Violet was an equally interesting character, after an event in her life she has withdrawn into herself, becoming disconnected from friends and family, avoiding things that scare her. She uses the sympathy of the adults around her as an excuse not to participate in life, often getting out of homework projects due to ‘special circumstances’ when really she needs a push and hard words instead of soft ones. It’s interesting to see how the two characters challenge each other. I suppose the only downside is that it could be argued the character’s become their illness, however, this novel was a rare example where I felt this was okay, as the characters’ emotions were so all encompassing it didn’t leave much room for anything else.

Overall, All the Bright Places is a memorable, emotional book, and I can’t recommend it enough! It’s character driven rather than having a strong plot, but it’s one of the first books in a long time that has made me experience so many strong emotions, and it’s a story you definitely have to experience for yourself! I would recommend it to teens 13+ interested in mental health, grief and travel. 🙂

Writing Style: 4/5 // Originality: 4/5 // Entertainment: 5/5 // Character Development: 5/5 // Would I recommend this book? Yes!
Overall: 5/5

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18 thoughts on “Dual Review: Two Amazing Books that Tackle Mental Health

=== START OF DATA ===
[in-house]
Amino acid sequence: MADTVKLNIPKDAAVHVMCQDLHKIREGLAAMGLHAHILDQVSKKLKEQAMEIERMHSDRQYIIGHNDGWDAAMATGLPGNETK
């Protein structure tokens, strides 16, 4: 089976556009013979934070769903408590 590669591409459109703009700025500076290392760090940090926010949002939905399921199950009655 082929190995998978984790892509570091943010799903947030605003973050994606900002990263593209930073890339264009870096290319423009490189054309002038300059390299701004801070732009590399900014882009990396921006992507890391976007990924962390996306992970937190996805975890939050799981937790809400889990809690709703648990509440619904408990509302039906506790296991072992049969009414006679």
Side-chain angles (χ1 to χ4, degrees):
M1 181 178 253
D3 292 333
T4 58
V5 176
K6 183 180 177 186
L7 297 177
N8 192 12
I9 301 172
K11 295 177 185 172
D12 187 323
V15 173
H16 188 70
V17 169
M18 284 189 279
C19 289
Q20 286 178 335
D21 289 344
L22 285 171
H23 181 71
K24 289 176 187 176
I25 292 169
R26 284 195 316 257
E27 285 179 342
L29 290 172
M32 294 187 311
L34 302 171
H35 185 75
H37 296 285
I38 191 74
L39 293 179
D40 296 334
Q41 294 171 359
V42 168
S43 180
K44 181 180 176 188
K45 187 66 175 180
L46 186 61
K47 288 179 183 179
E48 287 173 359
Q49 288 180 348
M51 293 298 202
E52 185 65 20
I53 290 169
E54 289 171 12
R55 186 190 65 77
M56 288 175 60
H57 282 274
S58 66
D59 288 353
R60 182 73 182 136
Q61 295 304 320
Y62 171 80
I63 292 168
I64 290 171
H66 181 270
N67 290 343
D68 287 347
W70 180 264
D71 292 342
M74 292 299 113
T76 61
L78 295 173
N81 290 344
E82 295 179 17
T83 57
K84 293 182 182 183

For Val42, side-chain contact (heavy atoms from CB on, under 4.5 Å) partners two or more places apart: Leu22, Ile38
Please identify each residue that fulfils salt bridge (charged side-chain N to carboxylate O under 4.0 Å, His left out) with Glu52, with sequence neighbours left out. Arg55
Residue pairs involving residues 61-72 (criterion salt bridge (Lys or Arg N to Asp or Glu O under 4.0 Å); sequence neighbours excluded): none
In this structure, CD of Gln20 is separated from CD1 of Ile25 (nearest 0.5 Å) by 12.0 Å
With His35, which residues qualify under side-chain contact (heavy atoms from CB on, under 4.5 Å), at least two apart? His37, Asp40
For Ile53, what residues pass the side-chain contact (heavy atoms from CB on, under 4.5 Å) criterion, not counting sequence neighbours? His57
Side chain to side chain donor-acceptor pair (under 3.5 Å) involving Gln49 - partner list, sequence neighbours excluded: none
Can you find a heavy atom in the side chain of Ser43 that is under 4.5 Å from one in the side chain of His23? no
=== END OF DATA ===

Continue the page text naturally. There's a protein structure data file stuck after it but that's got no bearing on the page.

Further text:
1. All the Bright Places is so tragic. I loved it a lot! I was doubtful at the beginning but the more I got to know the characters, the more I realized this book wasn’t plot driven and I got truly invested. It showed how one depression isn’t like another and that the source can be situational (which I think is easier to come out from) or more genetical.

    I think I would recommend it to teens 16+ because of what happens though, especially when you’re dealing with Finch’s kind of depression. Teens are spontaneous and don’t think things through and the strength of this story might come across as a hopeless situation for those teens, especially when they’re so young. Then again, if you’re dealing with situational depression, after losing a close relative, it could help those teens that “hey, you might not feel or think it right now, but one day, you’ll wake up and realize it’s not always so dark out there. That there is a sun behind those clouds. There is someone out there who cares about you.” (but that’s my opinion :p)

    Green’s writing style! YES. I was thinking why it felt so familiar! Niven’s so much better, I totally agree with you on this. I feel as if John Green is getting a bit too much hype (because of his youtube fame). I’ve only enjoyed one book enough to give it 5/5 and that’s The Fault in Our Stars as it hit me so hard that I cried for hours and hours and I’m too afraid to reread it because of all the feels. Plus, I feel as if Green’s writing comes of as arrogant sometimes. Like “look at me and how bright I am” and not once did I have that feeling with All the Bright Places considering that the characters searched for Virgina Woolf’s quotes whereas Green’s characters always seem to be “born with wisdom, a natural source for inspirational quotes” – as if.

    Great reviews!

    • Yes, very tragic! I agree, I wasn’t too sure what to think at the start but it slowly built and grew on me until I couldn’t stop reading. It definitely won’t appeal as much to people who love a plot driven story. Yes, I completely agree! It shows that just because two people are suffering from depression, it doesn’t mean they are going through exactly the same experience, it’s different for everyone.